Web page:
As my hon. Friend knows, in some cases the Government have suggested the complete hiving off of activities. An example of this is the proposed establishment of the Manpower Services Commission under the Employment and Training Bill. In other cases the need has been sufficiently met by establishing executive agencies within government and an example of that is the Property Services Agency of the Department of the Environment. In each case we look at the activities of government and try to decide which organisation would be most conducive to the maintenance of its reputation and activities and to the maximum efficiency with which it might be run.

My hon. Friend also raised two questions, and I think my hon. Friend the Member for Dartford touched on this point about how we would regard public dividend capital. It is an important matter because it has recently been considered by the Select Committee for Nationalised Industries and generally speaking we would keep to the outline set out by my right hon. Friend the Chief Secretary when public dividend capital was debated in the House on the 9th August 1972, when he referred to three criteria to be looked into in deciding whether public dividend capital might be suitable.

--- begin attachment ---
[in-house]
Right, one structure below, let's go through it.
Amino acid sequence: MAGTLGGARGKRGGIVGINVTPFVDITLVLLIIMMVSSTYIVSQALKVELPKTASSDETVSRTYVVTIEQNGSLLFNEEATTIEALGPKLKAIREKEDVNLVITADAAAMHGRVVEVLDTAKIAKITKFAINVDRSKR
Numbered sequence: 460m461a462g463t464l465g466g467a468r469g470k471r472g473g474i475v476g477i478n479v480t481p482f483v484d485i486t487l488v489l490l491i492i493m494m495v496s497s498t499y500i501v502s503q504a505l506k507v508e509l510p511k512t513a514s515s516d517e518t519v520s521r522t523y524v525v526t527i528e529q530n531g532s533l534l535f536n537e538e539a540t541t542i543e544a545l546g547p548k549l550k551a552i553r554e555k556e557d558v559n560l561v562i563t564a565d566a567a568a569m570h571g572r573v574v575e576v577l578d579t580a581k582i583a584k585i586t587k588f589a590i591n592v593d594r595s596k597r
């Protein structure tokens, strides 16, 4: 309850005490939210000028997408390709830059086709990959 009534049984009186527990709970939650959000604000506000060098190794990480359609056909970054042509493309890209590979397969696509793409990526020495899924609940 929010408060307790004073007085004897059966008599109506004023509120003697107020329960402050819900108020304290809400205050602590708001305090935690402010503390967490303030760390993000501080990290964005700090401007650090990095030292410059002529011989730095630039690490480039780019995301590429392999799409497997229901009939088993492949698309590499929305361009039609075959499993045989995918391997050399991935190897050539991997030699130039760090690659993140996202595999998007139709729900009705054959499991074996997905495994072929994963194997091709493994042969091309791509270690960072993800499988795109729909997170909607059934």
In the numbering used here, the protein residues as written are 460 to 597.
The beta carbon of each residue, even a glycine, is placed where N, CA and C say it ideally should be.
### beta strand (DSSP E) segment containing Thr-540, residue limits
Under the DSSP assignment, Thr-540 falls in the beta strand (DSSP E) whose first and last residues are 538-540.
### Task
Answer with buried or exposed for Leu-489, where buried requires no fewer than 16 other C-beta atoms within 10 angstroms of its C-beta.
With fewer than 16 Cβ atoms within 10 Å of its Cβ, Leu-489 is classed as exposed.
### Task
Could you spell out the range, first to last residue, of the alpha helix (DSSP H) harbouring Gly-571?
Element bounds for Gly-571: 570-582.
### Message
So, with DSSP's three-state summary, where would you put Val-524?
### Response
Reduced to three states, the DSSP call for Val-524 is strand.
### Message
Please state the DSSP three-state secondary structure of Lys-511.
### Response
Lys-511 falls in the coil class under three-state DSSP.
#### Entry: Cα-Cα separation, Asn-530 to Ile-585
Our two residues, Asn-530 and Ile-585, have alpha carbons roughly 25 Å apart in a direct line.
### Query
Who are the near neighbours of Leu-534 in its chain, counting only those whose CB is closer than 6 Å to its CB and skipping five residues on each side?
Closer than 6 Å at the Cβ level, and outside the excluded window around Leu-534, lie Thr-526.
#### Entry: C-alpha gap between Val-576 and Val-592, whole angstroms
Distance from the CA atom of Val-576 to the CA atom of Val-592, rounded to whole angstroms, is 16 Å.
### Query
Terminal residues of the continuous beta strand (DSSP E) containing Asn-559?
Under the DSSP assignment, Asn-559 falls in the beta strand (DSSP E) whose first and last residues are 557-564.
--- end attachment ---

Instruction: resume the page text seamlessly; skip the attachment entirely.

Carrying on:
The Chief Secretary had in mind first, that the enterprise must be viable and must be required to meet specified financial targets. Secondly, there must be an expectation that dividends will be paid, although not necessarily every year, and that the earnings over a period will at least equal the interest that would have been paid on fixed interest capital. Thirdly, there must be genuine fluctuations in earnings from year to year because of the nature of the commercial business undertaking. In fact, the enforcement of the first rule that the enterprise must be viable and must be required to meet specified financial targets will go a long way to meet the criticism which the Select Committee made of the use of public dividend capital in the case of the British Steel Corporation.